From Baghdad to Samarra: An Iraq-ISIS No Man’s Land

Just North of Capital, a Desolate Contested Zone

The battle for Samarra, Tikrit, and other cities in the Salahuddin Province has not exactly gone favorably for Iraq, but is likewise not totally lost, and with Shi’ite militia volunteers pouring into the area, the territory is very much still up for grabs.

Still, those who head north out of Baghdad on Highway 1 are in for a stark scene, with mostly empty roads as the civilian populace of the once populace area have fled. The government’s control is at best nominal, and militias say that in many cases extends basically to the edge of the road itself, with ISIS and allies effectively controlling the surrounding areas.

There are dozens of towns and villages along the Tigris River between Baghdad and Samarra, and no reason to believe any of them won’t become a warzone at a moment’s notice.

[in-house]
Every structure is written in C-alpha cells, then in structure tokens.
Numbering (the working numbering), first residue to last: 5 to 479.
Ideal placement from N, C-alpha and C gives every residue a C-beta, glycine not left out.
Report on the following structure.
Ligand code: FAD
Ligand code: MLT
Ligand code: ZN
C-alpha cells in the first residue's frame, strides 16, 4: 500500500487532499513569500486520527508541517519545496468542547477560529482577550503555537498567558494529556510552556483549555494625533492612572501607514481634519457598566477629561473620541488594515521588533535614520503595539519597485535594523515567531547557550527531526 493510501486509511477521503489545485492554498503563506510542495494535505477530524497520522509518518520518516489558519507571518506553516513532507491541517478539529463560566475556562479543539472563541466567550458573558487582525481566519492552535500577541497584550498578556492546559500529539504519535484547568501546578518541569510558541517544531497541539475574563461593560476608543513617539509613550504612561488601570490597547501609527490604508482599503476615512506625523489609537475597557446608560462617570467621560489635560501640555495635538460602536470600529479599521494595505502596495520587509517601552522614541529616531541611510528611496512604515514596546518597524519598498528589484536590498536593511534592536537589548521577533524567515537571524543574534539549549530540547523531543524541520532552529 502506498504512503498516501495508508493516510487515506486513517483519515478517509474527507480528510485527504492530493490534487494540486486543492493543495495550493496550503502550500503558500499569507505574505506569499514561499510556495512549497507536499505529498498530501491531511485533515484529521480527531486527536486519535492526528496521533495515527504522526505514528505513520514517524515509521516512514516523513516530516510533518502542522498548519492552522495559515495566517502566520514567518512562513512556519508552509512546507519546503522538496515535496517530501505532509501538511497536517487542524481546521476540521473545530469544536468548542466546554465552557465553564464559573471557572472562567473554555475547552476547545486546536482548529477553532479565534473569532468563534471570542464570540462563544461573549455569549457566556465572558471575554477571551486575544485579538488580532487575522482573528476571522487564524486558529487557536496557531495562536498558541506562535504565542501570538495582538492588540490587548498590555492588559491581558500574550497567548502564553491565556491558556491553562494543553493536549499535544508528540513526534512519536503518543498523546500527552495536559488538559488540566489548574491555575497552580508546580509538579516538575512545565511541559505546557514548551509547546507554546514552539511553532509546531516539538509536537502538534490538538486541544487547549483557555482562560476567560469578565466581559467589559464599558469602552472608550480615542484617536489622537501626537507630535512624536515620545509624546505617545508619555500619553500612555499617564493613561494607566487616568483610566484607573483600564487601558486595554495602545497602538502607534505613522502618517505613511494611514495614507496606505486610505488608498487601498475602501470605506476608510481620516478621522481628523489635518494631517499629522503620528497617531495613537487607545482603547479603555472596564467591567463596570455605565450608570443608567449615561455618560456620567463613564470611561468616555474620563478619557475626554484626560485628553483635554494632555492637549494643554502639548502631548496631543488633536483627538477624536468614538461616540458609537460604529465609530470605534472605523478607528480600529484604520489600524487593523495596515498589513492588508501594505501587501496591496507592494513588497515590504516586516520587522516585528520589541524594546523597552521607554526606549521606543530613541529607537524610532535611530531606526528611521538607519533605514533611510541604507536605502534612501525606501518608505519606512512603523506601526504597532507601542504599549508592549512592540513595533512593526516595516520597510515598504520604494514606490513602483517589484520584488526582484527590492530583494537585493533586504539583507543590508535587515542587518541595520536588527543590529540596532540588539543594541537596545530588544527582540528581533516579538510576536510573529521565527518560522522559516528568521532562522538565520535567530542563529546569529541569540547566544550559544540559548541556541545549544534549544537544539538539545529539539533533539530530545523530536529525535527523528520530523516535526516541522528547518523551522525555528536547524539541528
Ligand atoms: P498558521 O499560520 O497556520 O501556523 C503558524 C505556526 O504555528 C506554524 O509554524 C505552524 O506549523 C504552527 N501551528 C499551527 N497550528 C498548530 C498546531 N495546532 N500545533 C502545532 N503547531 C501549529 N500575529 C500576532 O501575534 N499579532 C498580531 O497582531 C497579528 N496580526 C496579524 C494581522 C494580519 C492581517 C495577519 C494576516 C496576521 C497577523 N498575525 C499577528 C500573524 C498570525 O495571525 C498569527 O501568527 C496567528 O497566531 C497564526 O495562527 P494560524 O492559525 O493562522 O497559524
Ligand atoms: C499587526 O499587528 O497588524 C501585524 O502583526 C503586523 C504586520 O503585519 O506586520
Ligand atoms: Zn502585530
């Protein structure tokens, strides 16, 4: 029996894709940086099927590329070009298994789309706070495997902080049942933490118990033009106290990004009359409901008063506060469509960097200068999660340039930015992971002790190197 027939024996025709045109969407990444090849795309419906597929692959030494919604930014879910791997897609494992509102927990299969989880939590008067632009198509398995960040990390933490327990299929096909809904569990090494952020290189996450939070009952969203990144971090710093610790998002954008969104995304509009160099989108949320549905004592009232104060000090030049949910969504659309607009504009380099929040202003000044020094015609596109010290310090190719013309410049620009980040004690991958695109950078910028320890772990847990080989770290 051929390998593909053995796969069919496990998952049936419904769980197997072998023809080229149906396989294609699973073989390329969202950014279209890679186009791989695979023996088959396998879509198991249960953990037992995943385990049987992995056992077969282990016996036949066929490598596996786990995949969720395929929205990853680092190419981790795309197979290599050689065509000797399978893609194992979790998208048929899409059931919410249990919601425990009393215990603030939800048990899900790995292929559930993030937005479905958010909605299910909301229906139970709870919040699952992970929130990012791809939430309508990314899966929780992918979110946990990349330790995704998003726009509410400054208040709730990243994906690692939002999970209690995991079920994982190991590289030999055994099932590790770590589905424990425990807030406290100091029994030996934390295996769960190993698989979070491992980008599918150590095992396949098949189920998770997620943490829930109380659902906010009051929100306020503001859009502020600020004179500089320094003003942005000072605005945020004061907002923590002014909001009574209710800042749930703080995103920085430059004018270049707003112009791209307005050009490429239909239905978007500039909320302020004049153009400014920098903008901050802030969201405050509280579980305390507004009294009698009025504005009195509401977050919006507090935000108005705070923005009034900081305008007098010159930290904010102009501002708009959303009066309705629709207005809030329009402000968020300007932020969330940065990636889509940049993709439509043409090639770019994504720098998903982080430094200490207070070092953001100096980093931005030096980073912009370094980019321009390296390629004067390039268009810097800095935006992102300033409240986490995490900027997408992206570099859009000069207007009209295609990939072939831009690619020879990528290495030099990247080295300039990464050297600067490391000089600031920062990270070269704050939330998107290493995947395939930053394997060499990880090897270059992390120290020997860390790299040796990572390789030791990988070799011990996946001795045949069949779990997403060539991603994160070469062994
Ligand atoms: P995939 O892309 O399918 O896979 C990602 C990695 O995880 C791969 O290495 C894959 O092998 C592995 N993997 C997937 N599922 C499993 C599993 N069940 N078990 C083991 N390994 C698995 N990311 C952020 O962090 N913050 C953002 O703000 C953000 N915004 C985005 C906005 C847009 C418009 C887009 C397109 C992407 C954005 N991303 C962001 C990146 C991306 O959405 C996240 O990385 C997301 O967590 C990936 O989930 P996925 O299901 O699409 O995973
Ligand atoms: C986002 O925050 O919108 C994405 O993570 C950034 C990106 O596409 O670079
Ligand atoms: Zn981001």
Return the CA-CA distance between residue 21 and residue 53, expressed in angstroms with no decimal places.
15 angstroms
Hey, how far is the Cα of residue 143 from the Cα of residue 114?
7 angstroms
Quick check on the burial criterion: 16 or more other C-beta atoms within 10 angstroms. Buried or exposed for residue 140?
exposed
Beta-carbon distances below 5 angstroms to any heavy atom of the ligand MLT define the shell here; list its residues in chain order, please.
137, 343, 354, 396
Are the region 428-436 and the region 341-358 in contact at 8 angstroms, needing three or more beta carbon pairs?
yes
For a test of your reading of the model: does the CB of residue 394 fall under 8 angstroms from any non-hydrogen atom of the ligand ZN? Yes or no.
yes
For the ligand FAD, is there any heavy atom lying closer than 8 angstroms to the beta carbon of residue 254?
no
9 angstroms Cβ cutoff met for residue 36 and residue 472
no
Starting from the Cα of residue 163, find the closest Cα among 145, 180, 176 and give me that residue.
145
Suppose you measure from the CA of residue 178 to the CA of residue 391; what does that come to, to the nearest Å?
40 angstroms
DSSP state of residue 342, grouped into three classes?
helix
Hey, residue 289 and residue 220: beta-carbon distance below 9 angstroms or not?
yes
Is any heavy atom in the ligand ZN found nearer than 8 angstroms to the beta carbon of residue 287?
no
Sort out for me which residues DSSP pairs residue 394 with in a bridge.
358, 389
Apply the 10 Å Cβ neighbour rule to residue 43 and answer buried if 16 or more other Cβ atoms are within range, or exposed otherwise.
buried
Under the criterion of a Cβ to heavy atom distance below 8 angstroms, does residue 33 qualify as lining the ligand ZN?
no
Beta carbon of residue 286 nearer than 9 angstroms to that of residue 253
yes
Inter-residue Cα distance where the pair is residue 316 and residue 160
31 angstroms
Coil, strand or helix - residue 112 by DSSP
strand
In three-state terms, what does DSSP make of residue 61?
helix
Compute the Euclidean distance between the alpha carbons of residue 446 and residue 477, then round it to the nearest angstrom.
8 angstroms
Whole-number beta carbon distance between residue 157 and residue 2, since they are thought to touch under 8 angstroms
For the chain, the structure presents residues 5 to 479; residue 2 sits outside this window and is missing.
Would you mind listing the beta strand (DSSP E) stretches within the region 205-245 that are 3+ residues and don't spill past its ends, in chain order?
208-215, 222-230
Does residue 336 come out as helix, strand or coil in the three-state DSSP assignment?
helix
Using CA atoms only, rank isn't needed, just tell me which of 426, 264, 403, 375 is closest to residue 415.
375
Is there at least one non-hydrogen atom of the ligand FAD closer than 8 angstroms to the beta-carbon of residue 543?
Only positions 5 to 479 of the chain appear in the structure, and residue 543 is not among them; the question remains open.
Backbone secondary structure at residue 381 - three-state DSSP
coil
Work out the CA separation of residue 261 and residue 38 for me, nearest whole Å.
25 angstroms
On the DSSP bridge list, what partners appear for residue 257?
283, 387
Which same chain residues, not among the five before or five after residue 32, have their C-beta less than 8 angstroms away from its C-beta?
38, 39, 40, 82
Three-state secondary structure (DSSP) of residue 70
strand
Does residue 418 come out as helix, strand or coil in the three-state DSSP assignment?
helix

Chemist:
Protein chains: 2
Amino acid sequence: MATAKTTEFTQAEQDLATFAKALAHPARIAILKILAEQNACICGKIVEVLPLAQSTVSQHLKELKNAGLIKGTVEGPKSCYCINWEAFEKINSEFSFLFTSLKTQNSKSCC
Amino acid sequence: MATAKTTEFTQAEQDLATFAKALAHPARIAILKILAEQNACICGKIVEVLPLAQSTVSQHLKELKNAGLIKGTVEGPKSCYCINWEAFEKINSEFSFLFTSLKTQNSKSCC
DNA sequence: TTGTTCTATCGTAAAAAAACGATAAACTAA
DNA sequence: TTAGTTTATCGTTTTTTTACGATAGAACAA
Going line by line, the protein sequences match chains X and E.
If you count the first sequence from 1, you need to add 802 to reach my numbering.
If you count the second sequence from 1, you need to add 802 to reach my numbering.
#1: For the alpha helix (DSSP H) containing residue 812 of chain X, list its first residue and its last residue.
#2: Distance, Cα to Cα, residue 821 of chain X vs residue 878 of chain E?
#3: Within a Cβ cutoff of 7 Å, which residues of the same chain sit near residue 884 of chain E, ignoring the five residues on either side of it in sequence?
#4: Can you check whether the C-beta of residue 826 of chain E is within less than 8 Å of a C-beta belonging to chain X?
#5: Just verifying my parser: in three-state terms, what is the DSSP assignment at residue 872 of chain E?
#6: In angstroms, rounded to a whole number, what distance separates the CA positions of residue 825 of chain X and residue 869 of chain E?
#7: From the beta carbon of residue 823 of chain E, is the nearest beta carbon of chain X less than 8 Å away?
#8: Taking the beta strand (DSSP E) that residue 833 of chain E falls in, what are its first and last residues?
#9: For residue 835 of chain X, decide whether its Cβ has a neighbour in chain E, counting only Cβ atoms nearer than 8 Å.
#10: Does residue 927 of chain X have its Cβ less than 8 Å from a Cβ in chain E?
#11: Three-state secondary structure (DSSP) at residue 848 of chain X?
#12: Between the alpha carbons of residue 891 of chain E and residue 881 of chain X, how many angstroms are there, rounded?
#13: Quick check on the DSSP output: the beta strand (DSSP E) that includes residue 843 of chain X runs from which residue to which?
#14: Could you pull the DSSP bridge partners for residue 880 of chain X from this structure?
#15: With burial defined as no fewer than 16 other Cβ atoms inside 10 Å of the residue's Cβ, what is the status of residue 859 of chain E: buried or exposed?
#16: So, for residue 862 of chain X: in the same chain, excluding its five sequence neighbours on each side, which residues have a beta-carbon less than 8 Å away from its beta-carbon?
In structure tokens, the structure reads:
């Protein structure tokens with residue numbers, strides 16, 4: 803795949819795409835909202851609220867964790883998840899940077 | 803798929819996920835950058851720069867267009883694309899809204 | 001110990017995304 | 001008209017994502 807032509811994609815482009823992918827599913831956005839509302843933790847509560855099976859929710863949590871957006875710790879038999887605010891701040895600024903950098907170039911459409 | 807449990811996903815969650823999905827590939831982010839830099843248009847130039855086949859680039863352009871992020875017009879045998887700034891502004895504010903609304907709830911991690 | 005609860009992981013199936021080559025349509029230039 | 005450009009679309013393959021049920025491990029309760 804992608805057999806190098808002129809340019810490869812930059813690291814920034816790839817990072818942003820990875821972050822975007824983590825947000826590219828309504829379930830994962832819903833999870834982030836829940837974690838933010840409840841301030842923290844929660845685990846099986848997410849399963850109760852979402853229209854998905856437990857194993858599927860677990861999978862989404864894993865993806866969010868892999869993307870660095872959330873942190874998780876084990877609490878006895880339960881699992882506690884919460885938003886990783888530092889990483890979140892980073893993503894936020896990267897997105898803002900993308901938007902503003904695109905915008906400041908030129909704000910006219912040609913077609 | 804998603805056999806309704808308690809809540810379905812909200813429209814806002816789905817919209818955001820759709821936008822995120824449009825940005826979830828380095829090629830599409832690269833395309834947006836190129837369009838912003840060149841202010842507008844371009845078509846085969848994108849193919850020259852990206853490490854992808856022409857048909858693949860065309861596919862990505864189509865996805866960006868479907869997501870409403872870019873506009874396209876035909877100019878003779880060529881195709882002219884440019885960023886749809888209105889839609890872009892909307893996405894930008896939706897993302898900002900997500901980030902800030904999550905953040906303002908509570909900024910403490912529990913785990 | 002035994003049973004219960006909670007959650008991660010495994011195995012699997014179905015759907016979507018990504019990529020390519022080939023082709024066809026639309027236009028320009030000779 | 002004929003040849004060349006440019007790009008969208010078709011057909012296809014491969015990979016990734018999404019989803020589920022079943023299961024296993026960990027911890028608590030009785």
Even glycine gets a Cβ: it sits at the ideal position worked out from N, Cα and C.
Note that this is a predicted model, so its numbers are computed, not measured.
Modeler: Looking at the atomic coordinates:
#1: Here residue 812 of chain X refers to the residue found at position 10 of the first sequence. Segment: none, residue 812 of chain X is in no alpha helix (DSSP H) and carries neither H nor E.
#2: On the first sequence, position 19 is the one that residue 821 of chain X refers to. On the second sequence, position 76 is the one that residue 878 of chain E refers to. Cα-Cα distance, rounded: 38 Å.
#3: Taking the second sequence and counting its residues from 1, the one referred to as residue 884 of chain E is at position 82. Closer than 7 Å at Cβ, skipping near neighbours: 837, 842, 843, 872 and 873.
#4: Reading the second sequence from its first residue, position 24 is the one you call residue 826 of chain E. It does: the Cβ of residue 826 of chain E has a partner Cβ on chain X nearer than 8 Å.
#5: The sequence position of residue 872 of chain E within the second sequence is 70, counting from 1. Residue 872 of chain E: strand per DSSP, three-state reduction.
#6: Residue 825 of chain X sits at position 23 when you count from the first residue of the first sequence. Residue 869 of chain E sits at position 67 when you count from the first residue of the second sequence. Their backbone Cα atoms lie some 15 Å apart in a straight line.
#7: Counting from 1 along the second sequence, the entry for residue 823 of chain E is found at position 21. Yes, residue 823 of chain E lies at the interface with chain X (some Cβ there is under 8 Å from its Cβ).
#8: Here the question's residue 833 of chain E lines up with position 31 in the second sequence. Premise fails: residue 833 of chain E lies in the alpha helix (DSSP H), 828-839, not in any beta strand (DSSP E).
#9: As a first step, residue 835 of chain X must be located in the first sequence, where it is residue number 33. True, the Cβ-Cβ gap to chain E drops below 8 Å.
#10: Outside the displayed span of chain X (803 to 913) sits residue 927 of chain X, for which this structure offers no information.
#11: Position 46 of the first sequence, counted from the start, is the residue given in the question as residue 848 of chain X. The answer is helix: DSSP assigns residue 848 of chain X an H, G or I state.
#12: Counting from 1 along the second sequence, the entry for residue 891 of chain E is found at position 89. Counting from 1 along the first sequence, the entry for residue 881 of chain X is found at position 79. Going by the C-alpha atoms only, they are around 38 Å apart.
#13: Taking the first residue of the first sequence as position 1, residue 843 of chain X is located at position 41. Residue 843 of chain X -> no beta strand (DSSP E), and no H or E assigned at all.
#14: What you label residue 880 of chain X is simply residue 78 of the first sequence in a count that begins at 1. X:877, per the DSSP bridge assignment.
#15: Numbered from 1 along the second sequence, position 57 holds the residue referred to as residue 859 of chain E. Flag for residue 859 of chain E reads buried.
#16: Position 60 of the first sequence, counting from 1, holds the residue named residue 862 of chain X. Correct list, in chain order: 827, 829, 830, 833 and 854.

Samarra itself is the big prize, at least so far as the Shi’ite militias are concerned. Containing many important Shi’ite shrines, maintaining a hold on the city is seen as a religious imperative, even as ISIS control of the region itself becomes stronger and stronger.

Author: Jason Ditz

Jason Ditz is Senior Editor for He has 20 years of experience in foreign policy research and his work has appeared in The American Conservative, Responsible Statecraft, Forbes, Toronto Star, Minneapolis Star-Tribune, Providence Journal, Washington Times, and the Detroit Free Press.